Co-Occurring Eating Disorders and Drug Abuse

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Co-Occurring Eating Disorders and Drug Abuse

 Eating disorders and a co-occurring substance use disorder may sound like a strange combination but it is more common than many think.  Eating disorders and substance use disorders may actually share common similarities including how they affect the individual.  The eating disorder and the substance use disorder vie for control of the individual and the two problems together can be challenging; however, there is treatment available.

Nearly half of the individuals with an eating disorder have a co-occurring substance abuse issue.  One reason for these co-occurring disorders has to do with impulsivity.  If a person has bulimia or a binge-eating disorder, they may struggle with urges to control their binge-eating behavior.  People with bulimia can consume thousands of calories in one sitting even though their minds know they should not be doing so.  This lack of control can initiate drug abuse, as they feel the same need to use and abuse substances for which their mind has little control.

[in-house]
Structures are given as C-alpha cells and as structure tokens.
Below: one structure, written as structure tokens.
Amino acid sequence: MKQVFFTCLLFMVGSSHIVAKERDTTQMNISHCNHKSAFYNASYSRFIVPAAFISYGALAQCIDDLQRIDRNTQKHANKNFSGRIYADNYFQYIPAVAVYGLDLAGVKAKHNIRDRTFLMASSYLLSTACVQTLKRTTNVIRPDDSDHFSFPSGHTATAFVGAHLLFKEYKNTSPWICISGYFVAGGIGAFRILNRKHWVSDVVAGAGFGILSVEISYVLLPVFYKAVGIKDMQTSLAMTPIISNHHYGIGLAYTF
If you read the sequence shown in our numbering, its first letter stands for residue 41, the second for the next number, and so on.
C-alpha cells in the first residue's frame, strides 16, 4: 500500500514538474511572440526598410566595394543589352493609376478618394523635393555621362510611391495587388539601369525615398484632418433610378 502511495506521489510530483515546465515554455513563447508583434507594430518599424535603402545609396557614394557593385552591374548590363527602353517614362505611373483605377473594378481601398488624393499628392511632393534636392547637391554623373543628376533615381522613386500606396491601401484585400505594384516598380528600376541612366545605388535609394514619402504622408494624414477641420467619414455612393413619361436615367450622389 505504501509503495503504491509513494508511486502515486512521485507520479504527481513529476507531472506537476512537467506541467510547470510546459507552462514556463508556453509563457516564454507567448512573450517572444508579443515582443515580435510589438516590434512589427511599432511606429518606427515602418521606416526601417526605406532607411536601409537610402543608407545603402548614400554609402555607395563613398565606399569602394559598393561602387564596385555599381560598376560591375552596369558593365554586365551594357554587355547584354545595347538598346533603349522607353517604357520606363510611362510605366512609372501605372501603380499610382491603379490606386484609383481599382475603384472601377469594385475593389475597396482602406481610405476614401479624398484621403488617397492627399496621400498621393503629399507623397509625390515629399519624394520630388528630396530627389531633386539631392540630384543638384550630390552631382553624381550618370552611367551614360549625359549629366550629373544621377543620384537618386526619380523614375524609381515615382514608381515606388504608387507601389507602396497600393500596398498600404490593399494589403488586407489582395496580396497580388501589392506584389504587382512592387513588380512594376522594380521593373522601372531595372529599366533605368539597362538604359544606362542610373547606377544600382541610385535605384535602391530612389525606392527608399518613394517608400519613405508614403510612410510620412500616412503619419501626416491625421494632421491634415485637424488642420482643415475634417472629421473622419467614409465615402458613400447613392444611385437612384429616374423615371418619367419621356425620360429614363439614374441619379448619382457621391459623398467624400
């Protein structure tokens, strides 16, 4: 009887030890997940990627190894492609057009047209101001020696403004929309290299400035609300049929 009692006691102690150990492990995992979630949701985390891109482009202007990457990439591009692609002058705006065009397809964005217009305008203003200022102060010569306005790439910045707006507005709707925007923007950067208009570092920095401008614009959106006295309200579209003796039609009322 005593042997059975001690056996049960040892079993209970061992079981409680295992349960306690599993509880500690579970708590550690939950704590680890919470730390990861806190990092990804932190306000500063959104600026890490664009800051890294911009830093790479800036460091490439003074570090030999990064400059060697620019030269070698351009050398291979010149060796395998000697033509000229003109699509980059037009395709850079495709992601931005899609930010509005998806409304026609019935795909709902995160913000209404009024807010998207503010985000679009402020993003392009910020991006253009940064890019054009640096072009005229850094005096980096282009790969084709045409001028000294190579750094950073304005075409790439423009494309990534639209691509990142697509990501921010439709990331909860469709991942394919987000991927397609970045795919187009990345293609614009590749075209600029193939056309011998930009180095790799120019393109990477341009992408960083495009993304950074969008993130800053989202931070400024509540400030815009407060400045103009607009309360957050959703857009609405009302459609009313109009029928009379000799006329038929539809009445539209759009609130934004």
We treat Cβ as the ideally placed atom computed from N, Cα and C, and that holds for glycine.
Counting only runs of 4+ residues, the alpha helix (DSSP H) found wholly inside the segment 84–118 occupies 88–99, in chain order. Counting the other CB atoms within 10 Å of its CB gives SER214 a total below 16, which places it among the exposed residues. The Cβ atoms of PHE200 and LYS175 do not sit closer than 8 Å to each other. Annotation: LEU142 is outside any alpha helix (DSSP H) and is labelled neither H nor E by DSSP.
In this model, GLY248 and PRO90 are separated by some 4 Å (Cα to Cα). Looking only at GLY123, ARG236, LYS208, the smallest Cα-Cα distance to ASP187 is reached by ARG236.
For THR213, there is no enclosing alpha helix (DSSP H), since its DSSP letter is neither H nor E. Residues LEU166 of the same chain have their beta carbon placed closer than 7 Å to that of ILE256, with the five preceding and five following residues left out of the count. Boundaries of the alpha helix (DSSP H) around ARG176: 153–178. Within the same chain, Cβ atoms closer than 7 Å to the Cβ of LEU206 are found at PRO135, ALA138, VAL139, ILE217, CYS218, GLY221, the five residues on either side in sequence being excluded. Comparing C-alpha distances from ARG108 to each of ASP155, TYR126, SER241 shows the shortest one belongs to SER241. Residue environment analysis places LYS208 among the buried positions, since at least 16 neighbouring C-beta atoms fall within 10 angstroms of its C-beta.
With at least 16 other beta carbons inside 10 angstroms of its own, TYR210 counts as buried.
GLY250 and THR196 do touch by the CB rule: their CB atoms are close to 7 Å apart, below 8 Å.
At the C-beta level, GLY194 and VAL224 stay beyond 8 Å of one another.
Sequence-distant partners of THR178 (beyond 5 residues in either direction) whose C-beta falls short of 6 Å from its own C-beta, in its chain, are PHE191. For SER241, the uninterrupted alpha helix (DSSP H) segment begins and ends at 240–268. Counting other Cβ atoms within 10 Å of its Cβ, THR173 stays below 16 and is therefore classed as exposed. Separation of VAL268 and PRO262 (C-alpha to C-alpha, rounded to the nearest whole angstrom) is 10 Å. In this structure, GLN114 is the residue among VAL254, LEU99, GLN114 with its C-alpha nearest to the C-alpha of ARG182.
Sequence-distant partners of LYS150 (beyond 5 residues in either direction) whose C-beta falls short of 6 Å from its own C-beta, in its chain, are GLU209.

The lack of impulsive control leads to poor choices, which can lead to these co-occurring disorders.  There are similarities in the history of those with an eating disorder and a substance-use disorder.  Many have experienced sexual and emotional abuse or the death of a loved one.  One other similarity is the experience of sudden life transitions.  Individuals with poor coping skills may reach out to food and substances to provide temporary relief of emotional pain.  The effects of both disorders do provide relief albeit at the expense of additional problems down the road.

Some individuals will seek substances to relieve the pain from the eating disorder.  Methamphetamines can reduce hunger, which allows for individuals with anorexia to restrict food intake without feeling hungry.  Marijuana can help someone alleviate feelings of stress and anxiety.  In addition, alcohol can make self-induced purging easier for some.

According to researchers, the development of the eating disorder occurs before the development of a substance-use disorder.  Substance-use disorders sometimes predate the eating disorder because the person needs to cope with the substance abuse and food can sometimes provide relief.

When both disorders are left untreated, they actually strengthen each other to the point of feeling extremely overwhelmed and out of control with life.  For anyone who has an eating disorder and a substance-use disorder, there is help available.  At Cottonwood Tucson, both disorders can be treated at the same time allowing the individual to heal and begin a path of recovery.  Please call today: (888) 727-0441.

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